• Antivirus software – Make sure your device has up-to-date antivirus protection.
  • Passwords – create strong passwords
  • Do not wire money – This is an outdated method of sending money. It has been replaced with safer, more efficient ways of transferring funds. If someone asks you to wire them money, it is most likely a scam. Additionally, if someone asks you to purchase gift cards and read them the serial numbers, this is a red flag.

Knowledge truly is power, and it is our best defense against fraud. Unfortunately, criminals are not going away anytime soon so we must be vigilant in educating older individuals about these dangers.


The Crucial Role of Adequate Sleep for Elderly People

Sleep for Elderly PeopleWe know that sleep is important for everyone. The body needs rest in order to repair and energize. Serious mental and physical problems are associated with sleep deprivation. Unfortunately, many seniors suffer from inadequate sleep. In this article, we examine the unique role sleep plays in the lives of seniors.

How much sleep do seniors need?

There is some debate on this issue. Most experts believe aging adults need the same amount of sleep as they did in previous life stages . The average amount being 7 to 9 hours per night. Some researchers believe elderly people need a bit less sleep, closer to seven hours. Seniors often split their sleep throughout the day, getting four hours at night and another three or four during the day napping. This is considered healthy and safe, as long as the individual gets enough sleep during a 24 hour period. The one thing everyone agrees on, is that the quality of sleep is the most important factor. Seniors suffering from sleep deprivation often have poor quality of sleep rather than insufficient quantity.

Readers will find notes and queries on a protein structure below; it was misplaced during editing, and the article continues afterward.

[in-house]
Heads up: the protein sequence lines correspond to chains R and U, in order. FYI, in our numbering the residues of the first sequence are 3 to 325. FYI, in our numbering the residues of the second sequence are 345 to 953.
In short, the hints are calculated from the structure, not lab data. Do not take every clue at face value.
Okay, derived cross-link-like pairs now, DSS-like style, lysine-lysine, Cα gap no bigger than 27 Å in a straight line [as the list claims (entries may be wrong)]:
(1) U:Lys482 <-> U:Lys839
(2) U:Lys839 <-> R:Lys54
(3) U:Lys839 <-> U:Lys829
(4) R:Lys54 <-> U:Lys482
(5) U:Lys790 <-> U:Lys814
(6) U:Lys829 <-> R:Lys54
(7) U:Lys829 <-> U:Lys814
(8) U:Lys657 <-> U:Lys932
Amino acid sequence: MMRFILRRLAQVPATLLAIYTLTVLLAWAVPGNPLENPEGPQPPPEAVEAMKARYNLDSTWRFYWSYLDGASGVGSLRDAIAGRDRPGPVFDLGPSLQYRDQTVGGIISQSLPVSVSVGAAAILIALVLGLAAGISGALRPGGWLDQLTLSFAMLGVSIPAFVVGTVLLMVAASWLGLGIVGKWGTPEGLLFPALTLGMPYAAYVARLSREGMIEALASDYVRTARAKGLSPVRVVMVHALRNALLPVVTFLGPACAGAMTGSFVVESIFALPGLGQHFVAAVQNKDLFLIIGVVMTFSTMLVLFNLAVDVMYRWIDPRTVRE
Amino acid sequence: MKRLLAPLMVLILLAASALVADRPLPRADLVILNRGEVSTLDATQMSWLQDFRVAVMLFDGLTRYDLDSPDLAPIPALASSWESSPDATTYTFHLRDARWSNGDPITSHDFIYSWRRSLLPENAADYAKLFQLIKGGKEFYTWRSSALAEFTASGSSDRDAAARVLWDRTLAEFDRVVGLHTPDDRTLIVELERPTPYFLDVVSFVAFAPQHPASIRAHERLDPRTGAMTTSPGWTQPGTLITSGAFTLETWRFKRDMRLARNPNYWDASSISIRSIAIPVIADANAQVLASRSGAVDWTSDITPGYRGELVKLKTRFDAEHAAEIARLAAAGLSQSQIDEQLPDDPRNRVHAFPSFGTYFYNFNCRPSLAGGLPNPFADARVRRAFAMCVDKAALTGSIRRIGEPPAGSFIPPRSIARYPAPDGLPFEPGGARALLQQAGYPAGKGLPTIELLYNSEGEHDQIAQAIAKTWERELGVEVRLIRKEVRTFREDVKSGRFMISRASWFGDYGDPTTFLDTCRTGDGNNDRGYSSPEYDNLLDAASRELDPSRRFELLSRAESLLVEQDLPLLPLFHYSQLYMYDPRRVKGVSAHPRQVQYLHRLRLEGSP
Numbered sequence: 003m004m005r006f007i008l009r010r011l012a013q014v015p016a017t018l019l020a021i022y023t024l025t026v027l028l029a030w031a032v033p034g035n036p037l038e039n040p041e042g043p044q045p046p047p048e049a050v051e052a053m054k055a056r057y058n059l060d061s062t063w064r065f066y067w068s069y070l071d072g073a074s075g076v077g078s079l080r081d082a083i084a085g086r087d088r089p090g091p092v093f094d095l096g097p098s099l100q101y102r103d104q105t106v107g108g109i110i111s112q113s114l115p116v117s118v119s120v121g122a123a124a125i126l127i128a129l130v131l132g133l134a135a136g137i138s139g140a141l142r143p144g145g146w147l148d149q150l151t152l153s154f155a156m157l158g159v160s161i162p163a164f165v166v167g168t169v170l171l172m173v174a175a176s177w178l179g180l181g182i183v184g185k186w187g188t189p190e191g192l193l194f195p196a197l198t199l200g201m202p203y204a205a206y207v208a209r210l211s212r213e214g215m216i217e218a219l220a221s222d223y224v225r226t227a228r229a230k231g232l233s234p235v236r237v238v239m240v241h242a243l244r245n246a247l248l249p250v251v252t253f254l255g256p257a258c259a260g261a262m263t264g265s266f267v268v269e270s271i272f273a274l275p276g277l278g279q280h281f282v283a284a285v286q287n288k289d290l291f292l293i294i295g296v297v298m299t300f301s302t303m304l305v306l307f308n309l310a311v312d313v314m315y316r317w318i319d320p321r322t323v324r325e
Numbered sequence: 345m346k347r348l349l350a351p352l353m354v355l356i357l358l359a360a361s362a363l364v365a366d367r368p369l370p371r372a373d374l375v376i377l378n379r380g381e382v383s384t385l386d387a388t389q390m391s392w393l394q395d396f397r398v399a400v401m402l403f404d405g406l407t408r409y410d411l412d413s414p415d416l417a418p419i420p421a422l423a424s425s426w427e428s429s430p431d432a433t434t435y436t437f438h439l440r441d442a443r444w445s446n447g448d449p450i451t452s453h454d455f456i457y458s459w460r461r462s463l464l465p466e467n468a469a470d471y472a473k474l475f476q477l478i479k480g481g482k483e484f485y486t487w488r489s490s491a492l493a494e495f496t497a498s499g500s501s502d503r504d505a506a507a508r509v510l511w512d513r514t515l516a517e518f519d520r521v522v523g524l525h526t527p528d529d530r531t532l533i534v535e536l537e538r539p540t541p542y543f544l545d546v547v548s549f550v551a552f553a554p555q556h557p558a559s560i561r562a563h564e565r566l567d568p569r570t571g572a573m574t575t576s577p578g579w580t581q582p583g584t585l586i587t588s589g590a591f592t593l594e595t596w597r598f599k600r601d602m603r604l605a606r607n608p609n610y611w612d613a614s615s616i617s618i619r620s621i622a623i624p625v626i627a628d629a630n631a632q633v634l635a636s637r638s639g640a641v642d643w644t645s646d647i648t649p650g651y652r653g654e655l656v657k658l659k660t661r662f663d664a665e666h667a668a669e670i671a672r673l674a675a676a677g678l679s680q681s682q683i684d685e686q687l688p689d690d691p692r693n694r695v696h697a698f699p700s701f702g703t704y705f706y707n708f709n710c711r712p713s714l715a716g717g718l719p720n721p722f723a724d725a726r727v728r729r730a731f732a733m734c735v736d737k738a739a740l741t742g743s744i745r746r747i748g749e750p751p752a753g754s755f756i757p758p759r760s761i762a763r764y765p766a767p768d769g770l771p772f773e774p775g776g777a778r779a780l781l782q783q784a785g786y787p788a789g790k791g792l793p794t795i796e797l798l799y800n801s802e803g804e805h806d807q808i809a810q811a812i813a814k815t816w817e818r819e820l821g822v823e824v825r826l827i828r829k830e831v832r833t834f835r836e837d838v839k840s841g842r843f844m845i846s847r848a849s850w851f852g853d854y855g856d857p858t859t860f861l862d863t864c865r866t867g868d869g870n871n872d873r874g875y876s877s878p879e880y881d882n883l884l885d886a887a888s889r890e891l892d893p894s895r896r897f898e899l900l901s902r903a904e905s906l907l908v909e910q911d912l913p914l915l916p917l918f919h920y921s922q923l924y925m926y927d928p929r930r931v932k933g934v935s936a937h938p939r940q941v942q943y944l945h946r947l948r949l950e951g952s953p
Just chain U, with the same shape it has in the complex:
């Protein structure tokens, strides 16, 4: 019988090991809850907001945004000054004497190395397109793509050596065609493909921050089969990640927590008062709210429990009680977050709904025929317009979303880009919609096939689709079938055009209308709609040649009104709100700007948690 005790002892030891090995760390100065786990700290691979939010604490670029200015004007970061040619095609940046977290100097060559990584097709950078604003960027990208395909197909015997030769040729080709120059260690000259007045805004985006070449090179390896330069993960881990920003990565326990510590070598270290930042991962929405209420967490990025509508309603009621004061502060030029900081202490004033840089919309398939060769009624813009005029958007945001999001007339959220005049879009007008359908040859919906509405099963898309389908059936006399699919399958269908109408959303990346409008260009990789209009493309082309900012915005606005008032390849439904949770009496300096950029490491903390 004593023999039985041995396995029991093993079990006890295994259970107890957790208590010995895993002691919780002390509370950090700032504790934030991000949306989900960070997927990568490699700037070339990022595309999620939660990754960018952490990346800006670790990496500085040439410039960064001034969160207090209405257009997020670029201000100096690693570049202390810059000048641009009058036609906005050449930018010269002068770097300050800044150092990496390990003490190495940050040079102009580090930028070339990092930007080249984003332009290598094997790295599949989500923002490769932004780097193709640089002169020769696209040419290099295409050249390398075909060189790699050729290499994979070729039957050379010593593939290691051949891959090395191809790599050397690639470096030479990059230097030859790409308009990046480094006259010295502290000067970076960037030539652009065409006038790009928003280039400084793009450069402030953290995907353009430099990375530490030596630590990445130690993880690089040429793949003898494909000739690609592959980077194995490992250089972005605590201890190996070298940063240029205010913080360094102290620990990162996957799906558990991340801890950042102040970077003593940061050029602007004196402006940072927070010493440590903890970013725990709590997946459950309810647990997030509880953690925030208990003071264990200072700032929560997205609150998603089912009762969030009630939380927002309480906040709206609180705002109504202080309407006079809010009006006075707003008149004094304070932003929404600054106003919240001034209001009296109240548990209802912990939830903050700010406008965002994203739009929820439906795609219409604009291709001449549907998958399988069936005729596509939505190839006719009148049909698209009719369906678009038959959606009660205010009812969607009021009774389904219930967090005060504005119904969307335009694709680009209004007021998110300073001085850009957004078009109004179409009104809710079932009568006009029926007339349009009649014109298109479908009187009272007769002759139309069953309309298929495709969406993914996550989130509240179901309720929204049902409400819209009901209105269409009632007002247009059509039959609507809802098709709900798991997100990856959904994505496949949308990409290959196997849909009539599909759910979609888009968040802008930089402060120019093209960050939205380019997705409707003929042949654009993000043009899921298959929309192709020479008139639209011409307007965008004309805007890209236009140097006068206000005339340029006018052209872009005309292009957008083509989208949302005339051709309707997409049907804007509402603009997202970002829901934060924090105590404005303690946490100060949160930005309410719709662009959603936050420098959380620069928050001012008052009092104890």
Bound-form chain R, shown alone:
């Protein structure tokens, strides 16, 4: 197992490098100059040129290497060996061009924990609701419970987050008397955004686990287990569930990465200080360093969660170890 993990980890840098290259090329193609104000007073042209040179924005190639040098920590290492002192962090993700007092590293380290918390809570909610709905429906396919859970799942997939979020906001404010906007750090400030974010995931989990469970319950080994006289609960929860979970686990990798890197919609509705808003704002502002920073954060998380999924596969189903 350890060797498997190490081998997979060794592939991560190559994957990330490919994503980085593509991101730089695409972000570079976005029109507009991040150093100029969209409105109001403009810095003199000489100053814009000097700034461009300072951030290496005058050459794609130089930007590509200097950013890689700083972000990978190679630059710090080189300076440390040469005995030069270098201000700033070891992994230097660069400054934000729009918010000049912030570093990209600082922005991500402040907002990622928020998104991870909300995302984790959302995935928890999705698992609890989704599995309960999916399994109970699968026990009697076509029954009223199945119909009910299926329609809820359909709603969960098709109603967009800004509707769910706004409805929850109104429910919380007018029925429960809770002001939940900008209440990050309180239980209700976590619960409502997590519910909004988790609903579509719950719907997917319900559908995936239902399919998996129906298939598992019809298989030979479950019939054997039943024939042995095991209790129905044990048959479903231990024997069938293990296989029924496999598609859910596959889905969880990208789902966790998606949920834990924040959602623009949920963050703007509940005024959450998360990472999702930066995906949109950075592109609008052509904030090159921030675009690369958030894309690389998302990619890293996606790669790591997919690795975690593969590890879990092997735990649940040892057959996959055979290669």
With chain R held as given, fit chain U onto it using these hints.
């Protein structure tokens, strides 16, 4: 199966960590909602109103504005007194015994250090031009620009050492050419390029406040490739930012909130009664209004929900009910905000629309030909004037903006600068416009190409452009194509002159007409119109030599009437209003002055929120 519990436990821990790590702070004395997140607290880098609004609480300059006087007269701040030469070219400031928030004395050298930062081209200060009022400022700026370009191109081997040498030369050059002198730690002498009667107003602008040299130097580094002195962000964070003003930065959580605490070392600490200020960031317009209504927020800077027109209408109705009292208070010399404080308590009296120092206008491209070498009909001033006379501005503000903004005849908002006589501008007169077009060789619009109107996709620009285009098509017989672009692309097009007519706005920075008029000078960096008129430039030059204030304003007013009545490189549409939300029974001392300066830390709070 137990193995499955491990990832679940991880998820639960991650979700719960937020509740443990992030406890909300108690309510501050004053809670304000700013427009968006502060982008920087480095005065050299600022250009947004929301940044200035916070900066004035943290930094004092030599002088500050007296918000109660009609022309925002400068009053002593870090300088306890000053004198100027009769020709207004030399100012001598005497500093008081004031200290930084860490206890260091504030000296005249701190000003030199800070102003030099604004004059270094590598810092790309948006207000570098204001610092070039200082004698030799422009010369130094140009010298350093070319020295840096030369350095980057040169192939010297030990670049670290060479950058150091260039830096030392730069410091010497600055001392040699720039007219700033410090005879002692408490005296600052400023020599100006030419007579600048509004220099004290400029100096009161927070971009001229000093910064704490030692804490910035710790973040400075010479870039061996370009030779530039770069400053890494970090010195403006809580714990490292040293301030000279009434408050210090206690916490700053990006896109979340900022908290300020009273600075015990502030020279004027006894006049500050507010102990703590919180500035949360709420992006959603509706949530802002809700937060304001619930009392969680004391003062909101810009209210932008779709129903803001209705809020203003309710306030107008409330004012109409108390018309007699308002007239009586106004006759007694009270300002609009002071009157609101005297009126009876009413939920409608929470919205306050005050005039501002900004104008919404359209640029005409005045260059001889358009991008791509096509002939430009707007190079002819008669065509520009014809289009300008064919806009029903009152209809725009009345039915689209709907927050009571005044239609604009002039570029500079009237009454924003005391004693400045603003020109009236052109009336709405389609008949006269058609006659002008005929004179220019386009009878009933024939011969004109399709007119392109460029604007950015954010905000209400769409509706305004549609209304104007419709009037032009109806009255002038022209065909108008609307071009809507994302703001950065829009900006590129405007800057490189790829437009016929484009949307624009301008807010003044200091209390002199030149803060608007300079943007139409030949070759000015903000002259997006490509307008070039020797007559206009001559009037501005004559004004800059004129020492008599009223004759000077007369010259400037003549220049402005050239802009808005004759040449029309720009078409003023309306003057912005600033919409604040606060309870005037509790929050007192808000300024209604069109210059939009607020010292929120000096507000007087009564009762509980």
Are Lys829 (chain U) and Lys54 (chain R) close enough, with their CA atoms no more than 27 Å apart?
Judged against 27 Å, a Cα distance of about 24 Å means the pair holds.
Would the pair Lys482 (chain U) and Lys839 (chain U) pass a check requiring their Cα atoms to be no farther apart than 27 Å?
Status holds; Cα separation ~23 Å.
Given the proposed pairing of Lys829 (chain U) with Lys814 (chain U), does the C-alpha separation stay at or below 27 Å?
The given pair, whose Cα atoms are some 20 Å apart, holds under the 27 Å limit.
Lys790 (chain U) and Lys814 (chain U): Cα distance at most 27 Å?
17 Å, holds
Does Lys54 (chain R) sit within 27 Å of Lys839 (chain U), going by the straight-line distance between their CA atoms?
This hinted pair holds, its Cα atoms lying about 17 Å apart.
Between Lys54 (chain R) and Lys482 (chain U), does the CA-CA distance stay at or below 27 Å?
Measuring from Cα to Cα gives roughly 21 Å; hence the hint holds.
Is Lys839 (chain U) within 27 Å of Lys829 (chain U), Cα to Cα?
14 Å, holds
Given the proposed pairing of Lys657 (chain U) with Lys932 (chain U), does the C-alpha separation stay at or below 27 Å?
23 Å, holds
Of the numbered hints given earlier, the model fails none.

Why do seniors have poor quality sleep?

When sleep is interrupted, it disrupts the sleep cycles and diminishes the quality of sleep. Elderly people experience interrupted sleep patterns for a variety of reasons. Some of the most common causes are:

  • Medication – A number of medications cause sleep disruption and insomnia. Combining medications may also lead to these issues. Most aged people are on numerous medications.
  • Anxiety/depression – It is common for elderly people to have experienced the loss of loved ones, spouses, and close friends. This causes significant anxiety and depression. Major life changes that seniors experience during this stage of life also create a lot of stress and anxiety.
  • Biology – As we age, our bodies slow production of chemicals and hormones we need for sleep. This includes things like melatonin.
  • Neurological conditions – Conditions that affect neurology like parkinson’s and stroke may create disruptions in sleep.
  • Pain – Arthritis and other painful physical conditions make it difficult for elderly people to remain asleep for long periods of time.
  • Sleep apnea – This is the most common sleep disorder among seniors.